Mandy Marzullo: Not really. The bigger issue is whether Texas’ statute, which requires a 40 year sentence for these cases, conflicts with the constitution. The Marshall Project reported last week that Texas' felony thresholds for property theft at $2,500, meaning that someone has to steal $2,500 or more of merchandise before it becomes a felony. We're the highest in the country compared to $200 in Virginia and $300 in Florida. Does this mean Texas is soft on crime?

Scott Henson: It means we're smart on crime. This is the main reason Texas was able to close four new prison units this legislative session. Texas, really, just increased its felony theft thresholds to match inflation over that period. So, I imagine if those other states did to, they would go up quite a bit.

A new law review article contends that Texas' junk science writ is written too narrowly and that California's is too broad. Is that right?

Mandy Marzullo: Possibly. Texas junk science writ is a work in progress, but I will say that there were some problems with this article and it's analysis.

In response to a federal court order, Texas will move 1,000 inmates out of the pack unit into air conditioned facility. Scott, is this the end of the beginning?

Scott Henson: I think it's just the beginning of the beginning. There are a lot of other inmates who are in the category that the judges labeled heat sensitive and, if these inmates have to be moved to air conditioned facilities, it's hard to imagine there won't be more litigation seeking to broaden this ruling. So, I image that this is not the last we'll be hearing of this. Alright. So, we're out of time, but we'll try and do better the next time. Until then, I'm Scott Henson with Just Liberty.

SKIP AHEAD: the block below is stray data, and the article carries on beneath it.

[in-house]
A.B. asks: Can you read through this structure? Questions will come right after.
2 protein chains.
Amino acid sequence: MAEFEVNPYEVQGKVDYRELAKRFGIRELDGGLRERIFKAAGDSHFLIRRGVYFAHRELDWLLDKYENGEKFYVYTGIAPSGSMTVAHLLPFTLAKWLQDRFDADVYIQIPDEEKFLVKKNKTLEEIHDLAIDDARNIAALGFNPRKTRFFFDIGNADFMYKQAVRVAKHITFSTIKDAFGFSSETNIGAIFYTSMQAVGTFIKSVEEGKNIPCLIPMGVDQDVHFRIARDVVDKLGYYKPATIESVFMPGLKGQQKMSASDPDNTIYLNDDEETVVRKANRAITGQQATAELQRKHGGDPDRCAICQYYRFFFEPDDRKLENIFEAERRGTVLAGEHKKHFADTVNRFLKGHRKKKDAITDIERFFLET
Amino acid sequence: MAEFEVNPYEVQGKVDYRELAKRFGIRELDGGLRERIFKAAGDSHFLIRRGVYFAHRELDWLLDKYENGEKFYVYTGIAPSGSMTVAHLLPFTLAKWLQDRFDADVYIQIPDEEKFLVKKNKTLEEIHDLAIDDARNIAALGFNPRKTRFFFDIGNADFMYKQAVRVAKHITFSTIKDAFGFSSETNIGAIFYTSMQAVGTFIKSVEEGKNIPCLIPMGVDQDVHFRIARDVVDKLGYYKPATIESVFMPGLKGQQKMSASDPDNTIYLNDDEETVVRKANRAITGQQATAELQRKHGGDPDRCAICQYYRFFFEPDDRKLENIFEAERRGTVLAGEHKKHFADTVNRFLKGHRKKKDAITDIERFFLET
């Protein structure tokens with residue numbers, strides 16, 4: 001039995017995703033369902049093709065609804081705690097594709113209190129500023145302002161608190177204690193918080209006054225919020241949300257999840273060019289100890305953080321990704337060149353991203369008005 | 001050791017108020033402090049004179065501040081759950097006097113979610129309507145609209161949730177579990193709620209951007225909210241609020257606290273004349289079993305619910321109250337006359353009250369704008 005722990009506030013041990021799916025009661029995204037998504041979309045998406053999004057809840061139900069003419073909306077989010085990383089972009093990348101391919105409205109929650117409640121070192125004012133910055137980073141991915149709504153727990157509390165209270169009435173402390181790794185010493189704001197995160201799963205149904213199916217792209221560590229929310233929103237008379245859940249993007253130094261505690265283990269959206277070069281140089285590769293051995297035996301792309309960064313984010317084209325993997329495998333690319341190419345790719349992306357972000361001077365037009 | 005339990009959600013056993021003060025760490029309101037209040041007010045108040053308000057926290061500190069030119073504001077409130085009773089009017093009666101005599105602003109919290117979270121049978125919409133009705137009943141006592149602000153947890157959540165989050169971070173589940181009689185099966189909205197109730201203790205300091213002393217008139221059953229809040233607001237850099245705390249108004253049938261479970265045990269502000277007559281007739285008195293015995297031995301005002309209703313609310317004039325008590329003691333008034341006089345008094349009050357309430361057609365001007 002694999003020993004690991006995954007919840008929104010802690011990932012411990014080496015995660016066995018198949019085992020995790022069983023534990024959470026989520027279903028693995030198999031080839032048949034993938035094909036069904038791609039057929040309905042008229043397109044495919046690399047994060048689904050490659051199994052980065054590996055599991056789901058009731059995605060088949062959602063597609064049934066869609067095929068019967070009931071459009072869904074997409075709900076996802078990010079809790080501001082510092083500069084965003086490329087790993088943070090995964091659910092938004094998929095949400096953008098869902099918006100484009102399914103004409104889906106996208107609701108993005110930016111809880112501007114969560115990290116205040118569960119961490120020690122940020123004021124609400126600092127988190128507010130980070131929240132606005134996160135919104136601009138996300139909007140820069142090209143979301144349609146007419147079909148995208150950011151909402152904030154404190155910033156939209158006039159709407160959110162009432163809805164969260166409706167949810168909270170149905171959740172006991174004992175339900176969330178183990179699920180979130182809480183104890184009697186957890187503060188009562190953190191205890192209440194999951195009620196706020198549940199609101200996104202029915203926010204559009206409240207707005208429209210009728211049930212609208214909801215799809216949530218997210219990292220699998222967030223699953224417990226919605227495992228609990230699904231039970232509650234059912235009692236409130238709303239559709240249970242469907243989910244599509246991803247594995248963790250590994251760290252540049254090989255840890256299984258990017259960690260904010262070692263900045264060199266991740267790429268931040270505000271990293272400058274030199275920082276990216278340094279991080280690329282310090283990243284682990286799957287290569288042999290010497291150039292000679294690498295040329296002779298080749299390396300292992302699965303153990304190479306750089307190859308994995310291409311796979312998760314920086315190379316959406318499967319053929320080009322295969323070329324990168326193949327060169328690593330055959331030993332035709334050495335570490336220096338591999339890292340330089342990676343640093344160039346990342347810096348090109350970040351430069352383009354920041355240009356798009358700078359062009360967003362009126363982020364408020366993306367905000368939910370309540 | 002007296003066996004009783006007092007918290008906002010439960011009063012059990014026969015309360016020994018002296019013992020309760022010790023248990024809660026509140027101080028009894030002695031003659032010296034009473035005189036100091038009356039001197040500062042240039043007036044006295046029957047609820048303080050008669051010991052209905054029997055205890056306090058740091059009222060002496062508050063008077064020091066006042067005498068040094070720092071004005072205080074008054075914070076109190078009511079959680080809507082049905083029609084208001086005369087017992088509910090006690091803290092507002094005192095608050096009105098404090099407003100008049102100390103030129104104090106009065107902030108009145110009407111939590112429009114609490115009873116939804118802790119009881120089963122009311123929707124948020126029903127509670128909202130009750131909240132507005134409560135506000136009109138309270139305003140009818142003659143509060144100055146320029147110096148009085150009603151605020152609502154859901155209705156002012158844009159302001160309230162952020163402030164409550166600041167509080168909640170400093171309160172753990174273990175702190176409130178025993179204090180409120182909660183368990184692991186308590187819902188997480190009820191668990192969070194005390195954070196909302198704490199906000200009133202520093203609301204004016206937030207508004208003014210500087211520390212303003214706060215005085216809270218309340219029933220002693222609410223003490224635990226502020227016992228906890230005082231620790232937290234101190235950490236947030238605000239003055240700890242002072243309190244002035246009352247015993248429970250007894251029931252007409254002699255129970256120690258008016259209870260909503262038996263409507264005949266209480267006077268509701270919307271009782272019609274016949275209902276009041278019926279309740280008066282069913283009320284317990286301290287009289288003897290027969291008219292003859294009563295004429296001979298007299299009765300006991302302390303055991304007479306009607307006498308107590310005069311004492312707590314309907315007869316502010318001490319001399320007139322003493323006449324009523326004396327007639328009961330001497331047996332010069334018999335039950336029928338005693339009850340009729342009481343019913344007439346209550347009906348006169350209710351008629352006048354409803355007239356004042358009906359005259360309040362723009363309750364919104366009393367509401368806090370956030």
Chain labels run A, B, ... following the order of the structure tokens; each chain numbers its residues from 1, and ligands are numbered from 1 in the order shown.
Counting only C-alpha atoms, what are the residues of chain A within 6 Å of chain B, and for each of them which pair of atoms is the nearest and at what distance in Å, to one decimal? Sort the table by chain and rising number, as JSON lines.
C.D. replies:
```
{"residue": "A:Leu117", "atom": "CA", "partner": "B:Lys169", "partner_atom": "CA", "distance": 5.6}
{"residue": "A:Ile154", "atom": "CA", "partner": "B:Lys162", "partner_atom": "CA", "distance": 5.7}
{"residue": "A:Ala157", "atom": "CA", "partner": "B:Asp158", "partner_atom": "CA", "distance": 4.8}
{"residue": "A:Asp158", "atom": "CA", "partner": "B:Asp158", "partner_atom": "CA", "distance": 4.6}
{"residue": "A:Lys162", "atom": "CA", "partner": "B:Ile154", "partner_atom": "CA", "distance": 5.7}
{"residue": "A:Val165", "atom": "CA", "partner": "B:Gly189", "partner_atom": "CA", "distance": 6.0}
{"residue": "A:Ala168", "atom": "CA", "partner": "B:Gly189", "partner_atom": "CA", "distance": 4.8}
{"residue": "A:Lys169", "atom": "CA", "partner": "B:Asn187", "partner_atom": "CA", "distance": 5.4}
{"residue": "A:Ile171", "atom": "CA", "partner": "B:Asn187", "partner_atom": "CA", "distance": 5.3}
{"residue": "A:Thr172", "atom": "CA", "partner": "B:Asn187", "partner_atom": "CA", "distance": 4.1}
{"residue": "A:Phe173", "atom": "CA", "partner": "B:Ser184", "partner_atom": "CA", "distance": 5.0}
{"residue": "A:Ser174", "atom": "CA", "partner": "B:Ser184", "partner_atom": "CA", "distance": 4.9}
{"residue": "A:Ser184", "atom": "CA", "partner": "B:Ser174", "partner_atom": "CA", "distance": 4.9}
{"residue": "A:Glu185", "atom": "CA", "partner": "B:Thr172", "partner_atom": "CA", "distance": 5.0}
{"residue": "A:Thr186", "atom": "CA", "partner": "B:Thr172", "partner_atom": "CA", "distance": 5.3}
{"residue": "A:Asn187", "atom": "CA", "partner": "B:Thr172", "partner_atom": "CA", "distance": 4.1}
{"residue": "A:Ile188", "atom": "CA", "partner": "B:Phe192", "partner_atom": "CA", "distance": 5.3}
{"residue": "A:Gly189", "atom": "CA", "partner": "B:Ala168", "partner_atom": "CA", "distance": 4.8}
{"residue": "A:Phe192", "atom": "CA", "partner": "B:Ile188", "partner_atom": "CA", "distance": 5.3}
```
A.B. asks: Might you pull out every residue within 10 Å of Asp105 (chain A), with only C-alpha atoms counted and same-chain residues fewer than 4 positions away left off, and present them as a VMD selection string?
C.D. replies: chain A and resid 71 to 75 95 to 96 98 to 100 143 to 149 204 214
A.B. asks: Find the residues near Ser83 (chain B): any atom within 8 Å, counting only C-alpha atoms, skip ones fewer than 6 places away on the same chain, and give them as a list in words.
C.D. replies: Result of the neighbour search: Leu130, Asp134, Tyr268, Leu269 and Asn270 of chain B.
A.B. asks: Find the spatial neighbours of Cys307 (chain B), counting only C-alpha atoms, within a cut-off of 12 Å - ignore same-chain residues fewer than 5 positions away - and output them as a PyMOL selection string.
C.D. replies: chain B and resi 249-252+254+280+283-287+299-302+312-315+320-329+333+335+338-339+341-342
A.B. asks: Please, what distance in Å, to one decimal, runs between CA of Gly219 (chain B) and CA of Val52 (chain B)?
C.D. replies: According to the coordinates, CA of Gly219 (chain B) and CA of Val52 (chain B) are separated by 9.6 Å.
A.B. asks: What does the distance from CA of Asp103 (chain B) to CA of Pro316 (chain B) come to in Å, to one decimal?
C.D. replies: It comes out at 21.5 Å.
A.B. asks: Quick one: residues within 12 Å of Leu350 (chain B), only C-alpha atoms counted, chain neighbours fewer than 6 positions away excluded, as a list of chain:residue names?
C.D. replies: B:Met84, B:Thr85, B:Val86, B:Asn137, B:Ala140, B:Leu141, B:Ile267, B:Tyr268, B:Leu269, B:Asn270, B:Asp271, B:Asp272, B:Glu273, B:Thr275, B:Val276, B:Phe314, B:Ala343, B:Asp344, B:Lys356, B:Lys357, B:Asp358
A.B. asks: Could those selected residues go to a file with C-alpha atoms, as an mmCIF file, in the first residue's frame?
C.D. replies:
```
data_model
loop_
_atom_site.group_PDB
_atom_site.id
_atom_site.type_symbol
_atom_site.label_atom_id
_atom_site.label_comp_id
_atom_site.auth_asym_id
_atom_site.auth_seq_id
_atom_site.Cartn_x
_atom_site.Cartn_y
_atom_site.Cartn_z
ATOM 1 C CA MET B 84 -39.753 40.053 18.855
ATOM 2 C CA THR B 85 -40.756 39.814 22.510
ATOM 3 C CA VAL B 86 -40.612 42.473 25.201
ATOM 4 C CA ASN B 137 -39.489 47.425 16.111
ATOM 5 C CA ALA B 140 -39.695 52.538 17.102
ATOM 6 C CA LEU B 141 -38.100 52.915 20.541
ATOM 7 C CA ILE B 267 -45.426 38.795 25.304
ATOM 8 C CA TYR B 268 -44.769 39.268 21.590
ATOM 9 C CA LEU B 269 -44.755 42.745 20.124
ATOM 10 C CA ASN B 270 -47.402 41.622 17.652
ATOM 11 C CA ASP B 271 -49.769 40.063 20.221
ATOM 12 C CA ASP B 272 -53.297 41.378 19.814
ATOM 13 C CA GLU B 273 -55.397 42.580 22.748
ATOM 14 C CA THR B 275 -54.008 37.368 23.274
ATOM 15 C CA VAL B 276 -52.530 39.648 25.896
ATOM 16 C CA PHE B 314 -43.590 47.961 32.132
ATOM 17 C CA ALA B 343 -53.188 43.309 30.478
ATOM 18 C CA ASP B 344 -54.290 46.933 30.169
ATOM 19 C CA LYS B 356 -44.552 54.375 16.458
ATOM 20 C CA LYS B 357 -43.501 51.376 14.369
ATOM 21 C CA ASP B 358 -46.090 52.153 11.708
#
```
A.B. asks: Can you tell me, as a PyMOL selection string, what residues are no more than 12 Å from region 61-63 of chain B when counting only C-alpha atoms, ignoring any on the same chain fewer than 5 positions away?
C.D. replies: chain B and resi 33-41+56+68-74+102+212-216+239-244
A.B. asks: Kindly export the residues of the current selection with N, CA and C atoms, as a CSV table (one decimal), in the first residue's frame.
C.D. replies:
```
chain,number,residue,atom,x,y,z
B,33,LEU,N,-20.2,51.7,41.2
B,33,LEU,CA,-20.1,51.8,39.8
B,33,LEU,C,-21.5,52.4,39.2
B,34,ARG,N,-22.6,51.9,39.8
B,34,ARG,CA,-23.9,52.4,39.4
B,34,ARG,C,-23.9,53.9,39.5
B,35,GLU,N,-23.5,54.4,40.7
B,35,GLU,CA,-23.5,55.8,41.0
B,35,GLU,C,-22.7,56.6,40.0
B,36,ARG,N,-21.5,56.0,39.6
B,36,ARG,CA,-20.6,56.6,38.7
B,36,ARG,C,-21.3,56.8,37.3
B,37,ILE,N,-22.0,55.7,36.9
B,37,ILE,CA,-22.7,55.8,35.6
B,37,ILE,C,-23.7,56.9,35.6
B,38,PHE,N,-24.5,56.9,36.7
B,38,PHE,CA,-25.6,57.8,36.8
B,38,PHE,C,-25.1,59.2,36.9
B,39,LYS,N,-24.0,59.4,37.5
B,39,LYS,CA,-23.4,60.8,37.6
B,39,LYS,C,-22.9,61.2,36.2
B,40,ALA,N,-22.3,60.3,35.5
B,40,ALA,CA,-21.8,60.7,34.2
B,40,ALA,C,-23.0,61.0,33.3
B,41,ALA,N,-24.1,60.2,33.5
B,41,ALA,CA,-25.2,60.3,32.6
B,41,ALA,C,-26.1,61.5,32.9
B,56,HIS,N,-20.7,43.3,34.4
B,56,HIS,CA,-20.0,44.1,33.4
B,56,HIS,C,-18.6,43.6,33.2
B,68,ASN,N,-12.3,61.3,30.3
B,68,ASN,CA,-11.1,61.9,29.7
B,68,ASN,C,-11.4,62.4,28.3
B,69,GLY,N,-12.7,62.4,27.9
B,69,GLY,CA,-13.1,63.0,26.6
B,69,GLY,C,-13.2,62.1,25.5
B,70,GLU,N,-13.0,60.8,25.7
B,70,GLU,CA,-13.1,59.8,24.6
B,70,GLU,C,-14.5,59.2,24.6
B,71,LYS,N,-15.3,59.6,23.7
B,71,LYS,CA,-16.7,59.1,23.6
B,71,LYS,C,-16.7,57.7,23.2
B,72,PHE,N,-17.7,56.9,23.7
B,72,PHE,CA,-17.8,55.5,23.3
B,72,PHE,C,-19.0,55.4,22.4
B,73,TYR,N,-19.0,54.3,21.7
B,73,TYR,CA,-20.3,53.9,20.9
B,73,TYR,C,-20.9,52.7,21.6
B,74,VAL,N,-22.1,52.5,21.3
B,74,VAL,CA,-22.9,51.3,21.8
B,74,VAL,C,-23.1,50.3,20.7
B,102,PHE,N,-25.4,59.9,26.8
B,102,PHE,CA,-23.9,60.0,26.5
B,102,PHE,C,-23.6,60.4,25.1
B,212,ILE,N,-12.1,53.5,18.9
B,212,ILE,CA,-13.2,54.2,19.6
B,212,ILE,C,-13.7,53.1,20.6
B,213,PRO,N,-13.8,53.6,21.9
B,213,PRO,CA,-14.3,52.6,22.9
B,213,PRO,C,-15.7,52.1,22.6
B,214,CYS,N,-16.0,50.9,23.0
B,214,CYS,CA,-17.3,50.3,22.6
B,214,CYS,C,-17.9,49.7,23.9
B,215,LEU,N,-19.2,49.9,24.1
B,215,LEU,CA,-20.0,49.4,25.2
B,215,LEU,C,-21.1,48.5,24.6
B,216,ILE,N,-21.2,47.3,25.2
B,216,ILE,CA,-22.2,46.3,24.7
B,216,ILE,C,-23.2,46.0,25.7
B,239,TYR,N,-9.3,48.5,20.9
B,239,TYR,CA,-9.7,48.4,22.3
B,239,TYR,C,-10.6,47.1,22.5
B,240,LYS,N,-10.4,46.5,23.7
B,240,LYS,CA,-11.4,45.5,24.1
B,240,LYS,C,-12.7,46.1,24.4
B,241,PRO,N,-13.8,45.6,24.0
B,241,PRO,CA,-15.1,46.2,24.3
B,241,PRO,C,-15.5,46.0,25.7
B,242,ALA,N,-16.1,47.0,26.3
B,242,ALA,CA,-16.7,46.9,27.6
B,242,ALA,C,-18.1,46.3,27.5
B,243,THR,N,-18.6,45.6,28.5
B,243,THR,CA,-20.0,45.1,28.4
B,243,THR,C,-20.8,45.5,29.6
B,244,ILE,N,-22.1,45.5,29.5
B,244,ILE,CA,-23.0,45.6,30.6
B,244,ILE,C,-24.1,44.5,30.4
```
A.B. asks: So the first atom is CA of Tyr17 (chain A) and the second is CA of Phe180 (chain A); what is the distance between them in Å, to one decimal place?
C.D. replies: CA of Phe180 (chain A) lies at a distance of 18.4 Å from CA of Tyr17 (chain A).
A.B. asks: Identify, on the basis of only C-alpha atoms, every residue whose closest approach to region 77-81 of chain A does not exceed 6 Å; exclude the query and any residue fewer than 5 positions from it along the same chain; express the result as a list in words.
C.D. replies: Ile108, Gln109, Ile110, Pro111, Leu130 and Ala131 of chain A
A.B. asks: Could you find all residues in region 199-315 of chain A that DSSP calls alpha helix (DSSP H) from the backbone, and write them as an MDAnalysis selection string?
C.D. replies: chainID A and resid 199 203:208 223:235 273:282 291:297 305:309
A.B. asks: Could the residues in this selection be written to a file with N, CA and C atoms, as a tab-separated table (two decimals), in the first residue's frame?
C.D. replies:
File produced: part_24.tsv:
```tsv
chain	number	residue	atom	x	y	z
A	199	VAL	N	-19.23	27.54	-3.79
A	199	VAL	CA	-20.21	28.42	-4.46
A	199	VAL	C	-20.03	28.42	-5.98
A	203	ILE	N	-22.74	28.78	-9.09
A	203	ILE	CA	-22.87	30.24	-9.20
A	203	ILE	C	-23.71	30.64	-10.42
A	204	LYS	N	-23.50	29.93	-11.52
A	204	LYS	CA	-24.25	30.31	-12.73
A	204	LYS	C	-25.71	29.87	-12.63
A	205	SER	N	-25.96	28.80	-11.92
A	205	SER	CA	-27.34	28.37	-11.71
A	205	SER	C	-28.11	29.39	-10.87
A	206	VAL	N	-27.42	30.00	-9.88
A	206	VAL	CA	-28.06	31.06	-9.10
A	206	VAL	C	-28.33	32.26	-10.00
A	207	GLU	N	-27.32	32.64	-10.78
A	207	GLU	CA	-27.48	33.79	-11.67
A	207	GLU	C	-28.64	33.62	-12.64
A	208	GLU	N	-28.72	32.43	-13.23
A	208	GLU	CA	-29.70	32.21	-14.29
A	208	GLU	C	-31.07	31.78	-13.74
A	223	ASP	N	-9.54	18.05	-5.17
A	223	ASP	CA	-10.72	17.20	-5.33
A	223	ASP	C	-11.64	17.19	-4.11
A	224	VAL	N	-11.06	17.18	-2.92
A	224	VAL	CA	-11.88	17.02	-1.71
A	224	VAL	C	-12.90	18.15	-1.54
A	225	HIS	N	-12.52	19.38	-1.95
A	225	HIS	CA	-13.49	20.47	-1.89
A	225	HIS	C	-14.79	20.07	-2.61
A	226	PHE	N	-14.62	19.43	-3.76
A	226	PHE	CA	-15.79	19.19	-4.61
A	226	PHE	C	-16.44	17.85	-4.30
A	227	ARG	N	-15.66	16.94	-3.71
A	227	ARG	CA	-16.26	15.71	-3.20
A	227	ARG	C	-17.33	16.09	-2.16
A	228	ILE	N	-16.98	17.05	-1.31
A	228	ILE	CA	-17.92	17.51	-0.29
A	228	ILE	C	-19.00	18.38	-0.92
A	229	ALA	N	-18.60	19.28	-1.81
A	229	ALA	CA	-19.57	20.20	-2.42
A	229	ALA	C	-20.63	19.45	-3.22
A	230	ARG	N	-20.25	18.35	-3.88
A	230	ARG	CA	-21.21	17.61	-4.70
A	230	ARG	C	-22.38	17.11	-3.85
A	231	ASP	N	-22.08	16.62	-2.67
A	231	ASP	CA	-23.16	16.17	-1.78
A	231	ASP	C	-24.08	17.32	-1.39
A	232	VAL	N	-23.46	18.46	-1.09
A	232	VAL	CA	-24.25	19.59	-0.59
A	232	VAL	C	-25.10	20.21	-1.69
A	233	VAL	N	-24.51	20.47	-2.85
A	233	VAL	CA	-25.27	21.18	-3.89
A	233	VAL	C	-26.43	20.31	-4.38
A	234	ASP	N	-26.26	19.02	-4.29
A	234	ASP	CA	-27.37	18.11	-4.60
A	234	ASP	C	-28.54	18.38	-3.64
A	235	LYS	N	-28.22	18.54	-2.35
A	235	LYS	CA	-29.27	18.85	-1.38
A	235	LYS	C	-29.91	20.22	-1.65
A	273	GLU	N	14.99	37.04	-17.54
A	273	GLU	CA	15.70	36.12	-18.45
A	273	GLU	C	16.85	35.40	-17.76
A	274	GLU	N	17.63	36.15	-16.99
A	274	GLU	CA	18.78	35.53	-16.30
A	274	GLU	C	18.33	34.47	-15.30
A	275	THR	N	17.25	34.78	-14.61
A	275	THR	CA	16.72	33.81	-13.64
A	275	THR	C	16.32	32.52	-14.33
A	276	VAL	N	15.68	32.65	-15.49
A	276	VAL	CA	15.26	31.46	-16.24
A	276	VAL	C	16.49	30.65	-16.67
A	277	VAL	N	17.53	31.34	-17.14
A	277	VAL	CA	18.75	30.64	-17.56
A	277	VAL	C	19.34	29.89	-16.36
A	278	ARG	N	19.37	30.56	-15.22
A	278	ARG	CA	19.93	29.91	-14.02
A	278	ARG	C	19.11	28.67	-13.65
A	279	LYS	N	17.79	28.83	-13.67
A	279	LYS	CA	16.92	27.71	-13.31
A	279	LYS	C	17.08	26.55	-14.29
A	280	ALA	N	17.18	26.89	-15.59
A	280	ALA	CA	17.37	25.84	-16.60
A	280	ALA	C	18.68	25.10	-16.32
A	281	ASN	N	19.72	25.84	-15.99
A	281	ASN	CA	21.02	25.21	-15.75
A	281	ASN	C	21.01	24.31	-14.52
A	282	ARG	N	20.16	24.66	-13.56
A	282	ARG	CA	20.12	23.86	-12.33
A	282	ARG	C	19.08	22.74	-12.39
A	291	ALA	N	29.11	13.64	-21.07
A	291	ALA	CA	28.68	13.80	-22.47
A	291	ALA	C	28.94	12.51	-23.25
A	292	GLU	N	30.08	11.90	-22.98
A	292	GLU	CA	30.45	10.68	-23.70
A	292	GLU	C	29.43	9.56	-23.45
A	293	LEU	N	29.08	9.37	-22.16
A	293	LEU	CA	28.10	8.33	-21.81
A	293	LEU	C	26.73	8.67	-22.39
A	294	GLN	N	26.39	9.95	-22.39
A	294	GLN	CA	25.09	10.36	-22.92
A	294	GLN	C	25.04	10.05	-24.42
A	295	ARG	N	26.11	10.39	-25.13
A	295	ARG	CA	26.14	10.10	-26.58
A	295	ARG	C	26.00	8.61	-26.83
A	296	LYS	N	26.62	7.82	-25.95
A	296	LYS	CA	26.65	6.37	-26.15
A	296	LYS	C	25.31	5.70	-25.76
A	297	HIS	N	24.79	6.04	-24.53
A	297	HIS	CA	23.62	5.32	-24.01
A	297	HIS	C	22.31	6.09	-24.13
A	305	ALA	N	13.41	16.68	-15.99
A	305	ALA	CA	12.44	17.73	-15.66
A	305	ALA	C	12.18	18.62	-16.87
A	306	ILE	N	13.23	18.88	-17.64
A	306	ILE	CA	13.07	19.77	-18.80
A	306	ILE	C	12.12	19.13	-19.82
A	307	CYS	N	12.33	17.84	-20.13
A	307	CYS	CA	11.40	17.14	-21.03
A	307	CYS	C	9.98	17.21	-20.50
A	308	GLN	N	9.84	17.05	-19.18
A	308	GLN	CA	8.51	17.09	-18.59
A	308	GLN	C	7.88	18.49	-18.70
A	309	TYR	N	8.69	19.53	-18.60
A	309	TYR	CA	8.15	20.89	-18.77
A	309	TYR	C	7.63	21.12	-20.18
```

Mandy Marzullo: And I'm Amanda Marzullo with the Texas Defender Service. Goodbye and thanks for listening.

Scott Henson: We'll be back next month with another edition of the Reasonably Suspicious Podcast. Shout out to Jim Bethke. Congratulations on your new gig and good job with your excellent tenure with the Indigent Defense Commission.

Until next time, keep fighting for criminal justice reform. It's the only way it's going to happen.

Transcribed by Rev.com. Edited for grammar and clarity by Scott Henson.


Lee said...

Stuck in an ATM?

Gritsforbreakfast said...

Well, technically you're not stuck until you try to get out. :)

rozmataz said...

Prion in Texas without air conditioning is cruel and unusual punishment. How do these prisons get away with this? Guantanamo comes to mind.

rozmataz said...


Richard Dulany, Jr. said...

Jim Bethke did an amazing job at the TIDC, especially as someone was almost sure to be upset with any action he took. I know I was mad at him a time or two. But he was committed to improving indigent defense in Texas and has left a solid legacy to build on. He will be missed.